American War by Omar El Akkad

American War

In the 2-3 years I’ve been contributing to the summer reading blog, I don’t think I’ve ever gone below “recommended” with a review. Today is the day. I mean– it’s a book. We should read books. But despite my high hopes, American War is not one of the books I’ll relish rereading. Let me explain:

Omar El Akkad’s debut novel takes an ambitious, if not straight up audacious, gambit. It is the story of the SECOND American civil war. In the novel that war takes place between the North and the South (who call themselves “the Reds”) from 2074-2092. While most of the story is told by an omniscient 3rd person narrator, it is interspersed with various “artifacts” from the war itself; first person accounts of key battles, diplomatic cables, that kind of thing. Real Sullivan Ballou stuff. I liked that.

So why is America tearing itself apart with drone warfare, suicide bombers, and even biological weapons? Climate change! The country has been destabilized by severe climate change, and when the North (now based in Columbus, OH because in this future SMCM and DC are underwater) decides to ban fossil fuels once and for all the South secedes to keep their petrochemical heritage. We learn of the war, and why it was fought, primarily through the eyes of Surat Chestnutt. Surat experiences the horrors of war, and will ultimately become a significant figure in the history of that war by fighting to the Lost Cause. The drama, one would think, is learning how Surat learned to join the fight for the Southern Cause.

Now you’d think I of all people would be telling people to read this. I’ve written a whole dissertation on the literary intersections of climate change, US militarism, and race. This should be exhibit A in my book manuscript. And god help me, I probably will have to write about it some day.

But it’s flawed– perhaps fatally. While the ideas motivating the story are interesting, and Surat’s spiral into extremism is an interesting choice for a focal character, the reader will find almost zero character development of Surat or the others fighting for fossil fuels. Who knows why the southerners like fossil fuels so much that they will end up killing 110 million people? Moreover, and more egregiously, who knows why the South sheds almost every vestige of its racism, gender discrimination, and gains a very open attitude to same-sex couples in the next 50 years. In this story the North apparently never had any of that, so they don’t have any of that either. And that makes this all preposterous. Throughout the book we are told that the South is still fighting “the Old War” that it never could stop fighting, but not once does the specter of slavery or logics of white supremacy visit this story. Surat, as the daughter of a Mexican-American father and African American woman, is embraced wholeheartedly by a South who went to war for white supremacy once, and a second time for… the right to drive a fast car? And given that we all live in a culture that routinely kills (openly or through covert slow violence) for the right to burn coal, oil, and gas, you’d think Akkad could have done a great job fleshing out the worldview of fossil fuel fanatics. But the book doesn’t. We’re to take it all on faith. And by the time America is consumed in the war, it’s hard to feel a pang of interest after 500 pages (I got the large print edition by accident).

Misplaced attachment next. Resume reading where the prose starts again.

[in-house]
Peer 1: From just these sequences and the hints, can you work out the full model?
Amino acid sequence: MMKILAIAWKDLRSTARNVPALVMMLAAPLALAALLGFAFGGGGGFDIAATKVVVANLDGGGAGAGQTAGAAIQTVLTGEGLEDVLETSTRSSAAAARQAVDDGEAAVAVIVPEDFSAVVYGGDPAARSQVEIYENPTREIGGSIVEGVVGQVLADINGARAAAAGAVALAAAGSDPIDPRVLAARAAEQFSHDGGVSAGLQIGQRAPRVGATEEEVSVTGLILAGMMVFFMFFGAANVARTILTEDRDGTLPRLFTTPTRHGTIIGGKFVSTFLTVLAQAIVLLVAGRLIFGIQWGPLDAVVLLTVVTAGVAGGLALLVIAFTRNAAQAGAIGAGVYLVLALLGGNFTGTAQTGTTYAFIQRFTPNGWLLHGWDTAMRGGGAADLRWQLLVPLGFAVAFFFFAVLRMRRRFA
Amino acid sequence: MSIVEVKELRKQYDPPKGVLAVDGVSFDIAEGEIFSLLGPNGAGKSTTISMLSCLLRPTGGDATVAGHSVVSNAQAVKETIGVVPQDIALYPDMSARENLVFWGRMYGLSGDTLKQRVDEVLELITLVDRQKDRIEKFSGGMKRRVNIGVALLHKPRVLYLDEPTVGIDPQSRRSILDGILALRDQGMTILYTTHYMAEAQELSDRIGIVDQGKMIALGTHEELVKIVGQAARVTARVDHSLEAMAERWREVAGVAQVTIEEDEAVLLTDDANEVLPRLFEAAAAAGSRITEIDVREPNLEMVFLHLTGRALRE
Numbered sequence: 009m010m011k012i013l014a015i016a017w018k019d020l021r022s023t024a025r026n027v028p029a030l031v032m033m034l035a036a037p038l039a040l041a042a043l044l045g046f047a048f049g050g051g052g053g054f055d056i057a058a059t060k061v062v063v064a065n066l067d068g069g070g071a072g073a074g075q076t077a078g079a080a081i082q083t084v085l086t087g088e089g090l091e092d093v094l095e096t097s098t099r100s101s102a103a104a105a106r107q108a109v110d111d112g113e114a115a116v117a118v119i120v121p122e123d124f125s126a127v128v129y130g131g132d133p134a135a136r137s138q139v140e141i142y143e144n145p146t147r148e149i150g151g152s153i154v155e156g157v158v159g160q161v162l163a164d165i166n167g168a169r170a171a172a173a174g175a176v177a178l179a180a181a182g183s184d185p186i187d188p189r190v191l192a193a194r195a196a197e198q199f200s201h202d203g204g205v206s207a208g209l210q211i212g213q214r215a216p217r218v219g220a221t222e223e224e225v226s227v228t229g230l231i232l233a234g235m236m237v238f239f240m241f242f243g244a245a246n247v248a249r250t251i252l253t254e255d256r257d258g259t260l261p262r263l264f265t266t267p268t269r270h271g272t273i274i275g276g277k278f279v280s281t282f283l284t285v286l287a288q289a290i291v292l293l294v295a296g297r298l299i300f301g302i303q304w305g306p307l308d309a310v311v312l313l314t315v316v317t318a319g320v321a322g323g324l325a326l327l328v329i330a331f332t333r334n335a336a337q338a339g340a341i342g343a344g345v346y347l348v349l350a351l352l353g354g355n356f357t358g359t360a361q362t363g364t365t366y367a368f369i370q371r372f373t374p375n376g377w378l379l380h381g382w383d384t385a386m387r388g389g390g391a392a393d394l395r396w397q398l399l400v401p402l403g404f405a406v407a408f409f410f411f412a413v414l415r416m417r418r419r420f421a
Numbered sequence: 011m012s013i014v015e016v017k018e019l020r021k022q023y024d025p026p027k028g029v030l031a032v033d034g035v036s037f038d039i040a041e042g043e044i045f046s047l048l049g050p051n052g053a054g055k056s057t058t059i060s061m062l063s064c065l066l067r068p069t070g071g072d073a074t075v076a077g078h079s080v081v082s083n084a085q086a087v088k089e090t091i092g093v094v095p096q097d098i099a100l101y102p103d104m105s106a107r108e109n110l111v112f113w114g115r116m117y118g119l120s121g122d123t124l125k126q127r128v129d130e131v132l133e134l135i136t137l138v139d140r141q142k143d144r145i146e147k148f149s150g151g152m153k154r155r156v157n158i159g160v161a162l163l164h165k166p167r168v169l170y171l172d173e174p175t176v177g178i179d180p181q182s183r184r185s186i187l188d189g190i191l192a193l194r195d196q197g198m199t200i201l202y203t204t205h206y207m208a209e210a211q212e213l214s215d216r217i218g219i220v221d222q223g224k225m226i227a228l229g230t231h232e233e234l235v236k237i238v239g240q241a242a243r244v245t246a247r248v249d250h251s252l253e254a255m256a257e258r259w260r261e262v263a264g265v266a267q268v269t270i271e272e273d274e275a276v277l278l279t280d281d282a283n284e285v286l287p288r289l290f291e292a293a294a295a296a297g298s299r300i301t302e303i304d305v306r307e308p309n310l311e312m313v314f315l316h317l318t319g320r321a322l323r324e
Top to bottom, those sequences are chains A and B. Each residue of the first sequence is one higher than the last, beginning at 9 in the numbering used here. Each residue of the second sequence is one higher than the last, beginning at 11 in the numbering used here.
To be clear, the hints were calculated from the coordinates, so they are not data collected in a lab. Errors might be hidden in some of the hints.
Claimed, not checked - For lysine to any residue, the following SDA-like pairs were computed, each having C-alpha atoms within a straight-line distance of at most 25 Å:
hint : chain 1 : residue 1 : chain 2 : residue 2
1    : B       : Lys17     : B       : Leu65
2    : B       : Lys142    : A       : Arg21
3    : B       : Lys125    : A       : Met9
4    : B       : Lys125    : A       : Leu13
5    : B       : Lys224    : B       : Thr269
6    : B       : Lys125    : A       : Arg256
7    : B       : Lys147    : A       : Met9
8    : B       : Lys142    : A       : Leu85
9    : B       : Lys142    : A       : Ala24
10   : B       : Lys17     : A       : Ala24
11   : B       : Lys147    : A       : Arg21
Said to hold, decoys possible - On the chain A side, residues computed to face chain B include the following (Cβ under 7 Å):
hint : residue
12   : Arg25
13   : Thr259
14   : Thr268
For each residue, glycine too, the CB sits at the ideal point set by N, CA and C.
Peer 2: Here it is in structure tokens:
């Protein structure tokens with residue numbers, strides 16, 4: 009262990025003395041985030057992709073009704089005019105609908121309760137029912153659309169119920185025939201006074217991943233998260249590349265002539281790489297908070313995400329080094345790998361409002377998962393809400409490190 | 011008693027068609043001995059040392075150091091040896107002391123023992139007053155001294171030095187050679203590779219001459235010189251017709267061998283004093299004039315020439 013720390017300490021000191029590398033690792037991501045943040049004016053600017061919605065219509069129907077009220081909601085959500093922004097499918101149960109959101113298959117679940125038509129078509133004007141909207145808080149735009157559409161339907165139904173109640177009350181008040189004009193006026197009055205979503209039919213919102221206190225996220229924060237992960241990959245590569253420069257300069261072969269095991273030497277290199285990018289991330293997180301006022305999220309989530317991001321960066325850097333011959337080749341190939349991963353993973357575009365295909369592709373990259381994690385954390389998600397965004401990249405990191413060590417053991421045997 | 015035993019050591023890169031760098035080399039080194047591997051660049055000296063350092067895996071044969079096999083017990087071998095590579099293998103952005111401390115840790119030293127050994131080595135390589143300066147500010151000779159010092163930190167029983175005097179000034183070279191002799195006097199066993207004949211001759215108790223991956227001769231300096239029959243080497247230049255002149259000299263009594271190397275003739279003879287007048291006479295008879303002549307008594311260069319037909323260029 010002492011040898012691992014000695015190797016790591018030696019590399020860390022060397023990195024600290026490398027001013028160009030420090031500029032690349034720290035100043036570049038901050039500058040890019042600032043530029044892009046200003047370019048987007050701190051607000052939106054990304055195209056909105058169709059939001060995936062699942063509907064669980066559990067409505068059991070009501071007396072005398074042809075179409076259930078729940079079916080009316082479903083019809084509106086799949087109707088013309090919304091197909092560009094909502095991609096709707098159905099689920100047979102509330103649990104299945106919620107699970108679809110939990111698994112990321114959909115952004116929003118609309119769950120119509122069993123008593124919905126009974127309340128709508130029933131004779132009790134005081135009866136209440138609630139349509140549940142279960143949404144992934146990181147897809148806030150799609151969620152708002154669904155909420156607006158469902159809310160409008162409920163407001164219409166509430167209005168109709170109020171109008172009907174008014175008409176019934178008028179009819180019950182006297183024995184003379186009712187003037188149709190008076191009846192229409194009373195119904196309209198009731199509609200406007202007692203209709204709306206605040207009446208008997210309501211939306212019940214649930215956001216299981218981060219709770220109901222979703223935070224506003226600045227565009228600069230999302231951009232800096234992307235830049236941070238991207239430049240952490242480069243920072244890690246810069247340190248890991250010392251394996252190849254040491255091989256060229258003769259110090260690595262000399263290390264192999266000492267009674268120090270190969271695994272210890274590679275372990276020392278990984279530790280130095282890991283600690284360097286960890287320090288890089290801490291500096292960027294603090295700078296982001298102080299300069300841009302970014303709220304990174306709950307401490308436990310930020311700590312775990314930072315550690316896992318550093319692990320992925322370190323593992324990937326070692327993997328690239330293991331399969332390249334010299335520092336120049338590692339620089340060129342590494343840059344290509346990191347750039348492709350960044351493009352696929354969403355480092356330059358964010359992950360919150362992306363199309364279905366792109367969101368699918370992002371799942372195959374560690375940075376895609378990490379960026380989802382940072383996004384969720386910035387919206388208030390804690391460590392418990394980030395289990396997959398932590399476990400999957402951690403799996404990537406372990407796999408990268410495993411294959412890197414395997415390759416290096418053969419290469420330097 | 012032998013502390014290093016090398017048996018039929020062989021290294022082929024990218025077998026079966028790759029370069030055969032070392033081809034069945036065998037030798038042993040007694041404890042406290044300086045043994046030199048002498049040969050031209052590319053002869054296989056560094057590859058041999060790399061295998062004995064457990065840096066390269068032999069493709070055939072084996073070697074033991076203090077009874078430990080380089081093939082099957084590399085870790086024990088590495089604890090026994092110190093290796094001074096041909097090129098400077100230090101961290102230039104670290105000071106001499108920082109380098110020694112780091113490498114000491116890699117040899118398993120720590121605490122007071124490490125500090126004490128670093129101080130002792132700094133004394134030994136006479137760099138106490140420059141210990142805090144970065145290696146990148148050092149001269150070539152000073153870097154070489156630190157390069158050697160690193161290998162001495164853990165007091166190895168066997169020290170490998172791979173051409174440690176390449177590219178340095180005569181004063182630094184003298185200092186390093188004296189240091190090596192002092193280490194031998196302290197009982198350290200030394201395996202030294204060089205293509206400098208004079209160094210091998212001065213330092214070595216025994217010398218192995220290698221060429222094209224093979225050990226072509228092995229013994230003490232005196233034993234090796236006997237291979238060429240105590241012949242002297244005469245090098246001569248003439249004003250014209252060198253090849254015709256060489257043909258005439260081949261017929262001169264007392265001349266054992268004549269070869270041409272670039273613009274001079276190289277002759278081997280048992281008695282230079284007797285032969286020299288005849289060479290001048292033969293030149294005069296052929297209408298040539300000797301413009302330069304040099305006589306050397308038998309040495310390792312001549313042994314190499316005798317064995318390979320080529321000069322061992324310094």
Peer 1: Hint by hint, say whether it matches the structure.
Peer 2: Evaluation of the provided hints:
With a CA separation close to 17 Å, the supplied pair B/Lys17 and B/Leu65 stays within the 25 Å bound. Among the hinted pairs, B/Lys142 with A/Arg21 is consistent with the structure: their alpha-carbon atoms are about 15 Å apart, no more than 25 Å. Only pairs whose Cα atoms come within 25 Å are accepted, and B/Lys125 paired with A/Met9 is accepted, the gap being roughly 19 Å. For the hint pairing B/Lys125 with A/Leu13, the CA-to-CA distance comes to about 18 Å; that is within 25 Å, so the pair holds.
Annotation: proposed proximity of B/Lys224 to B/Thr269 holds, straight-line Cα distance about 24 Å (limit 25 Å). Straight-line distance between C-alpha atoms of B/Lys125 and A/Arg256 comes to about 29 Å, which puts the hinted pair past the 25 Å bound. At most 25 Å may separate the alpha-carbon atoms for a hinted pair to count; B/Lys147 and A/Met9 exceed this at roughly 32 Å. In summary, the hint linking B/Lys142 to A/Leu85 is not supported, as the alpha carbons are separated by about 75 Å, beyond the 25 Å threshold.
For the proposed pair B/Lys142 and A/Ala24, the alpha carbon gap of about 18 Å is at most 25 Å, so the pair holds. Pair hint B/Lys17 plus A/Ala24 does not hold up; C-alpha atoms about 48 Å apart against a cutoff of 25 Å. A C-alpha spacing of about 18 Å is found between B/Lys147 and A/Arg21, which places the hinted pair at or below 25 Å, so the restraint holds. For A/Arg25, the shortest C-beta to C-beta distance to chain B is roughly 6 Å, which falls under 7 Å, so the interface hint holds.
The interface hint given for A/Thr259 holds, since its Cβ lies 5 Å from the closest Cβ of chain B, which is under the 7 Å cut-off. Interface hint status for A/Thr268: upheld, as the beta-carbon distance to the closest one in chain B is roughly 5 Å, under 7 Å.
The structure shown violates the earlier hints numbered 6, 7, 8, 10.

Recommended with severe reservations. Like a confederate flag on a public building, I’d tear this off the shelf and leave it in the dustbin of history.

Availability:  COSMOS, USMAI
Review Submitted by:  Shane D. Hall
Rating:  Recommended with Reservations
Challenge: A book published in 2017

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